The truth behind the Poltergeist curse – real dead bodies were used during filming

Perhaps the upcoming reboot of the classic horror trilogy, Poltergeist, isn’t such a wise idea. JoBeth Williams, star of the first two movies, reveals a possible reason why the cast of the original trilogy were stalked by death in one of Hollywood’s most notorious curses.

For those of you who need catching up, the idea that some Hollywood movies are cursed by ghosts, demons or the Devil himself is a common and creepy conspiracy theory. One of the most famous theories is that the Poltergeist movies are cursed because of the string of cast members’ deaths that occurred while they were being made.

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Poltergeist is a popular 1982 horror movie directed by Tobe Hooper and produced by Steven Spielberg. A huge box office success, the movie spawned two sequels that were a case of diminishing returns critically and commercially. (Though I always liked all three – the haunted mirrors in the third movie were a neat idea.)

These days the story of the first movie is rather familiar, having been imitated so many times. The Freelings, a nice American family in the suburbs, are haunted by a band of malevolent spirits. These ghosts communicate with the family’s youngest, Carol-Anne (the cutest child in movie history), through the static in the TV set. There are frightening scenes of demon trees, possessed clowns and a fillet of steak that comes to life (seriously not yum). The revelation at the end of the movie is that the Freelings’ house is built on the site of a relocated cemetery, except that it was only half-relocated. The gravestones were removed. The bodies were not. There are a few souls who are less than happy about the desecration of their resting place (okay, so the sequel kinda retcons this motive, but that’s a discussion for another day).

Dominique Dunne as Dana Freeling

Dominique Dunne as Dana Freeling

The first tragic event to befall the cast of these movies happened just months after the release of the original Poltergeist. Dominique Dunne, who played the Freelings’ eldest daughter, Dana, was strangled to death at the age of 22 by her abusive ex-boyfriend, John Thomas Sweeney.

Julian Beck as Kane, who died during filming. Poor Mr Beck looks like he actually died before filming.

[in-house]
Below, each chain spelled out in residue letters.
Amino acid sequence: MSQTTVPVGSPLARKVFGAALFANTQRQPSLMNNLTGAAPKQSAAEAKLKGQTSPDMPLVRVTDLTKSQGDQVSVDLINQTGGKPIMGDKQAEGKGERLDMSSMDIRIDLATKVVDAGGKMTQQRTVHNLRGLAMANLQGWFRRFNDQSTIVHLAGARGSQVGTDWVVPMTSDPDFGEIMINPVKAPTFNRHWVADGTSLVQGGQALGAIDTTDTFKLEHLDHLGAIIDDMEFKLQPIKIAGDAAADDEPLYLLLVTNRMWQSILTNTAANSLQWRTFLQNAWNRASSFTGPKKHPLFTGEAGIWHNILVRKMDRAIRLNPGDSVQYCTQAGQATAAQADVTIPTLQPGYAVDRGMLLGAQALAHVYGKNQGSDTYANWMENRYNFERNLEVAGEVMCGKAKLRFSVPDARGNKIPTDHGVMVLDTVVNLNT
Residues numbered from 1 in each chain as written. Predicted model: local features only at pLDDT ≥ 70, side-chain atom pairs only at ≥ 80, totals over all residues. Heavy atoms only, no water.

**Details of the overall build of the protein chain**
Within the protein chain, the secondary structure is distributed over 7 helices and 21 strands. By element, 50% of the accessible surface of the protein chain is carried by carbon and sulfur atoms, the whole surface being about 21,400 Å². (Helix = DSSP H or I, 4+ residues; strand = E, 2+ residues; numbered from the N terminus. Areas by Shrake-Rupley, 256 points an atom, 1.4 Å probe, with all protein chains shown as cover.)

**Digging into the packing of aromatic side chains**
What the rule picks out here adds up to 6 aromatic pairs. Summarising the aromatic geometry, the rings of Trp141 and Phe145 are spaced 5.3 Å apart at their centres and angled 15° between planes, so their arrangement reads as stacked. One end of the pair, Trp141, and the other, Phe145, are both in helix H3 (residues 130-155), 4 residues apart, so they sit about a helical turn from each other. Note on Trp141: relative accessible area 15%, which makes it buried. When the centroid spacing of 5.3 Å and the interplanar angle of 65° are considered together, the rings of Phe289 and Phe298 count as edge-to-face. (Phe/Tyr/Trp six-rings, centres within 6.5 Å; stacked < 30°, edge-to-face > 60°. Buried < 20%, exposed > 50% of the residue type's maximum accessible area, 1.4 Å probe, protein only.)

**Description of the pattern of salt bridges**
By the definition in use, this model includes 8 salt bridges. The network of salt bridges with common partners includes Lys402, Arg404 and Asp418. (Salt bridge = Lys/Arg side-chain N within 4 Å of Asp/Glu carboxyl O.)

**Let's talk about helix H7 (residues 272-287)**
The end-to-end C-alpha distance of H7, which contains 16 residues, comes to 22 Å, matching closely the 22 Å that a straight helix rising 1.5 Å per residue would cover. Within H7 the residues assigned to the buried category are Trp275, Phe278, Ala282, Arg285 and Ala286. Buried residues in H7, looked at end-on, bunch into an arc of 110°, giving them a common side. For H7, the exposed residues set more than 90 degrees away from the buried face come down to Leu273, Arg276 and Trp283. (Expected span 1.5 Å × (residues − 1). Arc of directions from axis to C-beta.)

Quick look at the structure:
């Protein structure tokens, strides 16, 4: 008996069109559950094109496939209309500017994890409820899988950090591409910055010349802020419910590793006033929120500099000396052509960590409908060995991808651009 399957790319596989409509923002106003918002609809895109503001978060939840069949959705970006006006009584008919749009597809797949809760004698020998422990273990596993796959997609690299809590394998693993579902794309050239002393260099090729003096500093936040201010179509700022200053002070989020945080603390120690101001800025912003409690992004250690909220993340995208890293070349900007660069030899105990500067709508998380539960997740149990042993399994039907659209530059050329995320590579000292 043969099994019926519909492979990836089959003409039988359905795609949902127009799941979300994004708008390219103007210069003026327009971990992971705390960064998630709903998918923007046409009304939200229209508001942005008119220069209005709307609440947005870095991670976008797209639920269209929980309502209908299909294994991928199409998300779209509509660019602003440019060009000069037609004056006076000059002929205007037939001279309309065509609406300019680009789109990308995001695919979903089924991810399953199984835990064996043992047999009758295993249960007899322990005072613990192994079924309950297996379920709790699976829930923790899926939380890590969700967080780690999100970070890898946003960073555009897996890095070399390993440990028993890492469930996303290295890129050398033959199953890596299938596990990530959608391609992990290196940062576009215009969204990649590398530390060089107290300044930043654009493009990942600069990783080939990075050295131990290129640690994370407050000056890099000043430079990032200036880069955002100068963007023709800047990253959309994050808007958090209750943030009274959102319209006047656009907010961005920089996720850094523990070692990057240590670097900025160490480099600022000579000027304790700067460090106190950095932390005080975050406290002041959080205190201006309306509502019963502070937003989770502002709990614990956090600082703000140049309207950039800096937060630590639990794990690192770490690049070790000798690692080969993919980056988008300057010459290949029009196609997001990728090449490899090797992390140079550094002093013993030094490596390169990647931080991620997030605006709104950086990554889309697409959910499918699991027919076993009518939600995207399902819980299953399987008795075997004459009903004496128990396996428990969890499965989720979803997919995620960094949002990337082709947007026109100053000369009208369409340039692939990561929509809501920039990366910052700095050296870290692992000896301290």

Julian Beck as Kane, who died during filming. Poor Mr Beck looks like he actually died before filming.

Then in 1985, Julian Beck, who played Kane in the sequel, Poltergeist II: The Other Side, died of stomach cancer during filming. To be fair, while his death is often cited to be part of the curse, he was diagnosed long before he took the role. But then Will Sampson, who played Taylor the medicine man in Poltergeist II (and was also known for his role in One Flew Over The Cuckoo’s Next) died from complications following a kidney transplant a year after the release of the film in 1987.

Will Sampson as Taylor and Heather O'Rourke as Carol-Anne

Will Sampson as Taylor and Heather O’Rourke as Carol-Anne

Finally, Heather O’Rourke, who starred as Carol-Anne in all three movies, died suddenly and tragically from septic shock following surgery to correct a bowel obstruction in 1988 at the tender age of 12.

Four cast members in 6 years… A curse? Or a sequence of horrible coincidences?

There’s another cast member I should mention. This one survived, but not for the Grim Reaper’s lack of trying. After several brushes with death throughout his life, Richard Lawson, who played parapsychologist Ryan in the first film, was in a freak plane crash in 1992 that killed 27 other people. He only survived because his ticket was upgraded to first class when the ticket agent noticed he was an actor. But the man who sat in Lawson’s original seat was killed. He’s still alive today – did he manage to dodge the curse?

JoBeth Williams as Diane, along with some angry corpses

JoBeth Williams as Diane, along with some angry corpses

JoBeth Williams, who played the mother, Diane Freeling, fuelled the curse rumours when she revealed on VH1’s I Love The 80s that the production crew used real human skeletons during the filming of the first movie’s swimming pool scene, when bodies and coffins start erupting from the ground. Apparently it was the cheaper, easier (and grosser) option.

A case of art imitating life?

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6 thoughts on “The truth behind the Poltergeist curse – real dead bodies were used during filming

      • For such a thing to occur, I believe you have to have clearance from both the city any the family of the deceased. But another theory I have is that they may have been donated corpses. Y’know, donating your body for science could mean there’s the distinct possibility that the attending scientists in control of said corpses might rent the bodies off temporarily for movies.

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